Thursday 23 January 2020

Danielle Allen: 'Democrats might not triumph in this battle - but they'll surely win in the long term'

Self-interest: Donald Trump tosses the coin before the Army v. Navy football game in Philadelphia on Saturday. Photo: Andrew Caballero-Reynolds / AFP via Getty
Self-interest: Donald Trump tosses the coin before the Army v. Navy football game in Philadelphia on Saturday. Photo: Andrew Caballero-Reynolds / AFP via Getty

Danielle Allen

With their memorandum 'Constitutional Grounds for Presidential Impeachment', the US House Judiciary Committee has done a significant public service: It takes America's founders and the principles of democracy seriously.

Regardless of what happens with the impeachment this week, we are getting a much-needed civics lesson. Every book group in the US should take the time to read this memo. It returns to questions at the roots of any democracy. Why is the corrupt exercise of power bad for society? Why are there three distinct aspects of power - legislative, executive and judicial - and why is it best to keep them both separated and intermingled? Why does the health of a constitutional democracy depend on civic virtues like the faithful execution of the laws? What was the original purpose of impeachment?

Here's the short answer: Corruption endangers liberty; the constitutional structure, including separation of powers, was designed to ward off corruption; the structure can work only when combined with civic virtues like honesty and unswerving preference for the public good over private good. The place where the structure and the need for civic virtue come together is, above all, in the Office of the President. When the president is charged in the constitution with executing the powers of his office faithfully, the constitution makes civic virtue in the president - preference for the public good - the final ingredient necessary to make the whole thing work. Impeachment is a tool to protect self-government anchored in free and fair elections, when that is endangered by a corrupt official.

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In this memo, the Democrats are being more republican than the Republicans, despite their history of objecting to originalism and of shying away from concepts like civic virtue or, in education, character education. Think of how everyone was asked to put questions of character aside during the Clinton impeachment.

Civic virtue - that preference for the public good - is at the heart of the matter in this case. Every set of articles of impeachment ever presented against a president has begun by charging him with being in violation "of his constitutional oath faithfully to execute the office of president of the United States". The antithesis of faithful execution is corrupt execution. By definition, impeachment turns on a question of character. This is what makes it such a challenging topic.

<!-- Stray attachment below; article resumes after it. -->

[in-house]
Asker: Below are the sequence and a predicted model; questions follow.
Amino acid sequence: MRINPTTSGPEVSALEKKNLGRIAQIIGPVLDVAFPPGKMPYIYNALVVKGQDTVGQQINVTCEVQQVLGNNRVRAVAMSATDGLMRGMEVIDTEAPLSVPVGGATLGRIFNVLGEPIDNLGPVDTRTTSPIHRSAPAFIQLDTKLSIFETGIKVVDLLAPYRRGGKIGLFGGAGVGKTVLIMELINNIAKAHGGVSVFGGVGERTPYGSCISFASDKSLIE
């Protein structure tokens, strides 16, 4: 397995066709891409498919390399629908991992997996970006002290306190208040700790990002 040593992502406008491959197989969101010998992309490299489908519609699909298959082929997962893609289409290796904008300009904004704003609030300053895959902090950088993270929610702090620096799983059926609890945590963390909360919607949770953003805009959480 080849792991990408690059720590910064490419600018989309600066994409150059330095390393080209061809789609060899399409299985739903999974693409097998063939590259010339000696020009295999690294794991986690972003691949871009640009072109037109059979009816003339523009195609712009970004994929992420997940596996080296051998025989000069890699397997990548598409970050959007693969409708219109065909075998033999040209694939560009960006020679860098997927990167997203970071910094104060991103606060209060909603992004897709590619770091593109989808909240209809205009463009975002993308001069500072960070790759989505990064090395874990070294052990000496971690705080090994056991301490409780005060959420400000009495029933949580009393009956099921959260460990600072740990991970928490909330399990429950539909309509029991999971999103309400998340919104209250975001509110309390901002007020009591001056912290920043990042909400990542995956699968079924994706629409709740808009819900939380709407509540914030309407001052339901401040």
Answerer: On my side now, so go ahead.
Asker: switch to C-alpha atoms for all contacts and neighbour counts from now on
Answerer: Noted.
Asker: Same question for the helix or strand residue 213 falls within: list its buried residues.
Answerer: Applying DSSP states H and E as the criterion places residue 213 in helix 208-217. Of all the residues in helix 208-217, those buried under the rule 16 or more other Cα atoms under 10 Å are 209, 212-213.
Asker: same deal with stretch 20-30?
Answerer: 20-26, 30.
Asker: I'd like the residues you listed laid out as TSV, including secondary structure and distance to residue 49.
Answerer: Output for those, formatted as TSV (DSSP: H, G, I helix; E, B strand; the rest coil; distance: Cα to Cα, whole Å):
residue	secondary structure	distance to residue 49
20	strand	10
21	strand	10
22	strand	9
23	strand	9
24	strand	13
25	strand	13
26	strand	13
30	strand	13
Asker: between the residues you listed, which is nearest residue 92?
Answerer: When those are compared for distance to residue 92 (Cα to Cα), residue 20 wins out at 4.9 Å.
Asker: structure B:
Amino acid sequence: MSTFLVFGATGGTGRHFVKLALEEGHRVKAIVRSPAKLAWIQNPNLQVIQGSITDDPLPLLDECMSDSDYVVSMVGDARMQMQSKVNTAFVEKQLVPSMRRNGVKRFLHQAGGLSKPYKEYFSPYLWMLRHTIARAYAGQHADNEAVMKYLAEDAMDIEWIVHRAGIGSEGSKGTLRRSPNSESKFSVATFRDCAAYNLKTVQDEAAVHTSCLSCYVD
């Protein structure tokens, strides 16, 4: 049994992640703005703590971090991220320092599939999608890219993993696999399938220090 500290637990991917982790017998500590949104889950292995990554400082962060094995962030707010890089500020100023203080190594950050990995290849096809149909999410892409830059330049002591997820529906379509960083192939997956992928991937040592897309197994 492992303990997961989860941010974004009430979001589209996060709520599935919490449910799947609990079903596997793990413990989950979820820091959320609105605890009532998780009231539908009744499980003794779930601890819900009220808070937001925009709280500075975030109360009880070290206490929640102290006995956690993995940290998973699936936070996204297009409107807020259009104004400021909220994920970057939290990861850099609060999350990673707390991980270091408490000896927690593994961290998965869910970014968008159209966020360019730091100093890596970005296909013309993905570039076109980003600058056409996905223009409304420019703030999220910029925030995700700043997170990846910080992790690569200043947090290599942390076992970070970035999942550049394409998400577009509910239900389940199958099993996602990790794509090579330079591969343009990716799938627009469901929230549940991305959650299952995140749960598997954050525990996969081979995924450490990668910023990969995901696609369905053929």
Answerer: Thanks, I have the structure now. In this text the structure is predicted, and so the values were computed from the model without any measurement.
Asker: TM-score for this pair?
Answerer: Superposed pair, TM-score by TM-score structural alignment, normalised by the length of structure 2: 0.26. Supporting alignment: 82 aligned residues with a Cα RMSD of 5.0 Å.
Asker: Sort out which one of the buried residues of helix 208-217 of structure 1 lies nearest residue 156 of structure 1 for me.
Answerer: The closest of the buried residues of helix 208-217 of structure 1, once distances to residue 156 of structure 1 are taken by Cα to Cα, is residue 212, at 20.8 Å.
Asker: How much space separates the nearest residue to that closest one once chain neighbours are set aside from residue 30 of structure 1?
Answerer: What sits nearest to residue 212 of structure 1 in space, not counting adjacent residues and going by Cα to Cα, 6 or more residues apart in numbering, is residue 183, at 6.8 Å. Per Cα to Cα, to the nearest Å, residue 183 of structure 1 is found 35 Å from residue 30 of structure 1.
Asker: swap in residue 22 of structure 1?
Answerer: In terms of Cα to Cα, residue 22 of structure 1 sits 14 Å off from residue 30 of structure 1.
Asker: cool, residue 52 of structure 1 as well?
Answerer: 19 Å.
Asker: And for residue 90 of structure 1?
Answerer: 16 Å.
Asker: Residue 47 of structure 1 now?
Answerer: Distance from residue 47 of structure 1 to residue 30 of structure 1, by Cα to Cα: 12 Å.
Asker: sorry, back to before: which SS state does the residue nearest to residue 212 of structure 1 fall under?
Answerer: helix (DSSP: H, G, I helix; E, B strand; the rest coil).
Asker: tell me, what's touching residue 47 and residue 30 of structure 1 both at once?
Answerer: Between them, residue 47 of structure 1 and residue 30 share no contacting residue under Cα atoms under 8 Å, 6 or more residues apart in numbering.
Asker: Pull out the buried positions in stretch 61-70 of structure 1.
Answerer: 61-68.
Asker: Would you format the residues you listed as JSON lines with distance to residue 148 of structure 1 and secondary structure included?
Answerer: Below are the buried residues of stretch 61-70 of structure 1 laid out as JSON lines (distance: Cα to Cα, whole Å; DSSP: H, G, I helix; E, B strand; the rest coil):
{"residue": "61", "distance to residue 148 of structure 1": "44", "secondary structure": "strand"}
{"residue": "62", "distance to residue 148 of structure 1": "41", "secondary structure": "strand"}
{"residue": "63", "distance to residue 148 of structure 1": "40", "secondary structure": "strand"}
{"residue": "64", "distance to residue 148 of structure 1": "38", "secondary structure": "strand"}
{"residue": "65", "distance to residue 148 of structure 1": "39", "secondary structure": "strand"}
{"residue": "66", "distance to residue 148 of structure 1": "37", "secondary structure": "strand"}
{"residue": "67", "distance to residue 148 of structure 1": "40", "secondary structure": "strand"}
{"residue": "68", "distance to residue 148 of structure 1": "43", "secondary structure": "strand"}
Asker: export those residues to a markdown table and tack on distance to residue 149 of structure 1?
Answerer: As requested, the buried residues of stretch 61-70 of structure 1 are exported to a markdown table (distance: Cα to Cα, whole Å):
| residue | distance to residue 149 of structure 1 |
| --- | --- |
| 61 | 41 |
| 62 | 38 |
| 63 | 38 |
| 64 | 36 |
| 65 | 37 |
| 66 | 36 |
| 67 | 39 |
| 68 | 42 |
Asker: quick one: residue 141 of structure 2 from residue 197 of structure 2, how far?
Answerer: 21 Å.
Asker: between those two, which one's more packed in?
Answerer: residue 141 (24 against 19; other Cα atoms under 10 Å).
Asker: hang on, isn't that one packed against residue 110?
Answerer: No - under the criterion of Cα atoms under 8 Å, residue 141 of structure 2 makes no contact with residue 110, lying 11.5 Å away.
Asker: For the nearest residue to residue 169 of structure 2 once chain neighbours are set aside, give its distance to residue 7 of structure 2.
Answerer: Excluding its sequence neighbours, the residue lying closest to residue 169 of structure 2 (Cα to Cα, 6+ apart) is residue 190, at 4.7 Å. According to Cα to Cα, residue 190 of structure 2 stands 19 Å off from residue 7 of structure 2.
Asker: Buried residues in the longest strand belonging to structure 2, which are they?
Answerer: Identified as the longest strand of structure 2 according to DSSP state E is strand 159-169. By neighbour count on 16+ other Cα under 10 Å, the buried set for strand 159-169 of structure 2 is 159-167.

In the memo's most powerful segment, the Judiciary Committee reviews the evidence for their argument that President Donald Trump's motives were corrupt - that he was giving preference to personal over public good - and analyses his motives for seeking a "thing of value", in the form of a public announcement of an investigation into a political opponent.

Do the president's explanations for his actions with Ukraine hold water? The memo argues that they do not on grounds of (1) a "lack of fit" between his conduct and his explanations for it, (2) arbitrariness in his selection of a target for a corruption investigation, (3) shifting explanations, (4) irregular decision-making, and (5) explanations based on falsehoods.

Some defenders of the president say that his desire for a public announcement was not terribly significant and such an announcement not much of a "thing of value". This fails to acknowledge a political universe transformed by social media. Nothing is now more precious to PR professionals than "earned media" - the label for generating a story that people cover and that gets your message out, in this case a message against Trump's political rival, Joe Biden. PR professionals calculate earned media's value in detail - in terms of numbers of eyeballs reached, dollars moved and the like. It is considered more valuable and effective than paid media or spreading messages through one's own channels, such as websites. Anybody with two eyes in their head understands that Trump is the world's master of earned media and knows a "thing of value" of that sort when he sees it.

Some scoff at the Democrats' invocations of the founders as fig leaves cloaking naked partisan interest. Indeed, Republicans have conventionally been more likely to draw on these intellectual resources. But what if this is an honest recovery of key principles of free self-government?

This is how it reads to me. Indeed, it reads as one of the best such statements I've seen in quite some time. If that is the case, and if the Democrats can commit to this course, then the mantle of defending constitutional democracy may have passed to the Democrats.

Certainly, it is encouraging to see them sticking up for the legislative branch. The founders did not understand the three branches of government as co-equal. Congress, described in Article 1 of the US Constitution, is the first branch. The exercise of power originates with the expression of a will or intention. Congress expresses the will of the people. Only after the will is expressed can there be execution of the desired action. When the impeachment process moves to the Senate, the Democrats may not win this particular battle.

But if they have earnestly taken up the cause of constitutional democracy itself, they will surely win in the long term.

Danielle Allen is a political theorist at Harvard University and a contributing columnist for the 'Washington Post'.

Irish Independent

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